To assess the incremental value of biomarkers, including N-terminal prohormone of brain natriuretic peptide (NT-proBNP), high-sensitivity troponin T (hs-TnT), high-sensitivity C-reactive protein (hs-CRP), interleukin-6 (IL-6), growth differentiation factor 15 (GDF-15), and procollagen type 1 N-terminal propeptide (P1NP), in predicting incident cardiovascular events and mortality among asymptomatic individuals from the general population, beyond traditional risk factors, including fasting glucose and renal function (cystatin C), medication use, and echocardiographic measures.Methods and results
Prospective population-based cohort study of 1324 subjects without a previous cardiovascular event, who underwent baseline echocardiography and biomarker assessment between 2002 and 2006. The clinical endpoint was the composite of myocardial infarction, invasively treated stable/unstable ischemic heart disease, heart failure, stroke, or all-cause mortality. Predictive capabilities were evaluated using Cox proportional-hazards regression, Harrell’s concordance index (C-index), and net reclassification improvement. Median age was 66 (interquartile range: 60–70) years, and 413 (31%) were female. During median 8.6 (interquartile range: 8.1–9.2) follow-up years, 368 (28%) composite events occurred. NT-proBNP, hs-TnT, GDF-15, and IL-6 were significantly associated with outcome, independently of traditional risk factors, medications, and echocardiography (p < 0.05 for all). Separate addition of NT-proBNP and GDF-15 to traditional risk factors, medications, and echocardiographic measurements provided significant improvements in discriminative ability (NT-proBNP: C-index 0.714 vs. 0.703, p = 0.03; GDF-15: C-index 0.721 vs. 0.703, p = 0.02). Both biomarkers remained significant predictors of outcome upon inclusion in the same model (p < 0.05 for both).Conclusions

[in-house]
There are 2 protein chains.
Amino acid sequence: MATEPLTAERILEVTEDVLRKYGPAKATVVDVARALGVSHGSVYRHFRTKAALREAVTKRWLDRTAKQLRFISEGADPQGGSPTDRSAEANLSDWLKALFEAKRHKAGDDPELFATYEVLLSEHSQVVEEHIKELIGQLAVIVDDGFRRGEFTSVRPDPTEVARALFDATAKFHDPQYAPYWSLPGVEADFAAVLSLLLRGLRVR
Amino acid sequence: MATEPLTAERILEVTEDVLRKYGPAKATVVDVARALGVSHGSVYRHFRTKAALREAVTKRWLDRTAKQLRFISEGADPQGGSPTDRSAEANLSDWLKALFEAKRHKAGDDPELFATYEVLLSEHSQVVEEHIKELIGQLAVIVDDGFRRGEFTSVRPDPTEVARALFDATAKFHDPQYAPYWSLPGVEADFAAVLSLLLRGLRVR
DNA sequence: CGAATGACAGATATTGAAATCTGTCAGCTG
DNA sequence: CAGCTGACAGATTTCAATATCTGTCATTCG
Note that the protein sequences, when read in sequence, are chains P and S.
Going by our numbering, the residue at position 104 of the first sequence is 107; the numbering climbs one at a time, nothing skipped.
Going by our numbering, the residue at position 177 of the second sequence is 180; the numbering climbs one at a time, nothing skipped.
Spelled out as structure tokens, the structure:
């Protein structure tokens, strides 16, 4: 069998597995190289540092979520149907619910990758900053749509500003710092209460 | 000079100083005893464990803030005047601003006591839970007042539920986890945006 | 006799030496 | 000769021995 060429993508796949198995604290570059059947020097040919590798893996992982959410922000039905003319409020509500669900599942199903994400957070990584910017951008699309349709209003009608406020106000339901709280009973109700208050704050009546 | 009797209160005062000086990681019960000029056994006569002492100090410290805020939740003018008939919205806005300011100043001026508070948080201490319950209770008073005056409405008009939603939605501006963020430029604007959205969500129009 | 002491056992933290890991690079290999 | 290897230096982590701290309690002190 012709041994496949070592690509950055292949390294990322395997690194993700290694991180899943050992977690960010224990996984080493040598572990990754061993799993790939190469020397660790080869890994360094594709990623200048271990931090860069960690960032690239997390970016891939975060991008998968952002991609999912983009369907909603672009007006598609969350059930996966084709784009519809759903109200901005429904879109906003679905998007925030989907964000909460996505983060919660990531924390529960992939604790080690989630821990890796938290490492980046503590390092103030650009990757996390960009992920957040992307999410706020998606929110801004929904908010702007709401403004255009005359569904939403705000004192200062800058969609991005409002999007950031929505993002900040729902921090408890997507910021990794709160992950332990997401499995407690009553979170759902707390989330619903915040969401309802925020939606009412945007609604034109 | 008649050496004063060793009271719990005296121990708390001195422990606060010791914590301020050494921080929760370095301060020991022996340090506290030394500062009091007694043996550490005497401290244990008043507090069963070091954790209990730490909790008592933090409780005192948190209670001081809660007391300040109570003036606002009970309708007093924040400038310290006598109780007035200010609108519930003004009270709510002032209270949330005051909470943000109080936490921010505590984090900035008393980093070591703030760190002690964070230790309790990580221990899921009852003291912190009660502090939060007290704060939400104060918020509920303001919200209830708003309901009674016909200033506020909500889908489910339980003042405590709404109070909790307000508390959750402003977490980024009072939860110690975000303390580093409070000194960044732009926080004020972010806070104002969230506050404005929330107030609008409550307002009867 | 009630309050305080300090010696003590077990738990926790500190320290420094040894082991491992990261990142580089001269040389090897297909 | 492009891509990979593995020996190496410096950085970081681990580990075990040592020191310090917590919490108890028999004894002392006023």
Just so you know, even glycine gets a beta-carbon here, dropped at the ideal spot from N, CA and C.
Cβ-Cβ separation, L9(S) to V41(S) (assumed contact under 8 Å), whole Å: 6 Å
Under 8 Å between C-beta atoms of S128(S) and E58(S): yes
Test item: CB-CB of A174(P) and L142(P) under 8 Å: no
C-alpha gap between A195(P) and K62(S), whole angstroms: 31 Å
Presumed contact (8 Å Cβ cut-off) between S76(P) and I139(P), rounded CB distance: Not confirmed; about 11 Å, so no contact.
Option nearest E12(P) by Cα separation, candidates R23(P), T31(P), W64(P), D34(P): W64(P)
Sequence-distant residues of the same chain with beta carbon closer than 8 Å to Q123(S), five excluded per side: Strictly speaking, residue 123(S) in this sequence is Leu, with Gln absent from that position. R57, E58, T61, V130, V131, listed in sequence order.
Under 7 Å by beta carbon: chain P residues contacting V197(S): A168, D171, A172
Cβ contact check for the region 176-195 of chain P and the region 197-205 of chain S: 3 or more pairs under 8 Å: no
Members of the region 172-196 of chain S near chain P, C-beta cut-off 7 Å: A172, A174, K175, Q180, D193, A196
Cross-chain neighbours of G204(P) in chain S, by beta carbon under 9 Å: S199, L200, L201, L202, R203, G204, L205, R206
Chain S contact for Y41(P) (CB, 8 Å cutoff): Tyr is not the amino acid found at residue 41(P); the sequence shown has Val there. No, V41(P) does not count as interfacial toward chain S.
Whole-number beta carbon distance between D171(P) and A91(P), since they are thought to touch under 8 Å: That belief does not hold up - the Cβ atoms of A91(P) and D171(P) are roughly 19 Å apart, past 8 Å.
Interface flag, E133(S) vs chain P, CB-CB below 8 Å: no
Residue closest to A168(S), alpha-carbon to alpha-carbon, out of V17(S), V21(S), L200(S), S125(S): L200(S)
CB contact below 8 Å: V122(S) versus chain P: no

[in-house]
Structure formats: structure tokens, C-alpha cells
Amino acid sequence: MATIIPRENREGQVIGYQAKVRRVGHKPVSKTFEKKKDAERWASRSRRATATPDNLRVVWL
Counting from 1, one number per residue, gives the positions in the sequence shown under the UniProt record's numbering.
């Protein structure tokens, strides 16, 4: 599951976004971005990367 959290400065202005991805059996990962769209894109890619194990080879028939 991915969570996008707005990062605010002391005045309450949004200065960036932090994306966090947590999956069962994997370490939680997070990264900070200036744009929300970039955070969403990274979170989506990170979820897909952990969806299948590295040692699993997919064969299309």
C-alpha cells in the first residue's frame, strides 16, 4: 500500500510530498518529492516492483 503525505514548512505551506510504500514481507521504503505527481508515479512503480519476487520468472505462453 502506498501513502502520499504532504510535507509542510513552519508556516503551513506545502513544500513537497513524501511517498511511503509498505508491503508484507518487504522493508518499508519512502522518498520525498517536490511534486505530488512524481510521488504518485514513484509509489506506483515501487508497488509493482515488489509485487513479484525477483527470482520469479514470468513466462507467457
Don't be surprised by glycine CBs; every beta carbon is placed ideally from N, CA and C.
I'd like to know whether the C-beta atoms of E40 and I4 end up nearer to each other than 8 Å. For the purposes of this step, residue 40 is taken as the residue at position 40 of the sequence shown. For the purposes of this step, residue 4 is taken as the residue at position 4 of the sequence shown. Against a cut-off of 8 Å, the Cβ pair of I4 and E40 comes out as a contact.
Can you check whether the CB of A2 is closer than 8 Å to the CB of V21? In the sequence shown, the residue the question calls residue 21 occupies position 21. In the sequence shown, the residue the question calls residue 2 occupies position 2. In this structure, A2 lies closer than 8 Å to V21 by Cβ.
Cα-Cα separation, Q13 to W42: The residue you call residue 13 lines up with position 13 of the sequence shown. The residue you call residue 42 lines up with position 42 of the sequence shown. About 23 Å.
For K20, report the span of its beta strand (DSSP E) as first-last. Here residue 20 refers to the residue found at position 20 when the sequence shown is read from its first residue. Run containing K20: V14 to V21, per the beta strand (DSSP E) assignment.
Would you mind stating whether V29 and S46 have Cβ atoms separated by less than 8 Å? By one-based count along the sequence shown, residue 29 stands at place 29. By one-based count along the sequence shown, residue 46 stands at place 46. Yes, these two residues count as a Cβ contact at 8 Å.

NT-proBNP and GDF-15 each enhance prognostication beyond traditional risk factors, glucose levels, renal function, and echocardiography in individuals without known cardiovascular disease.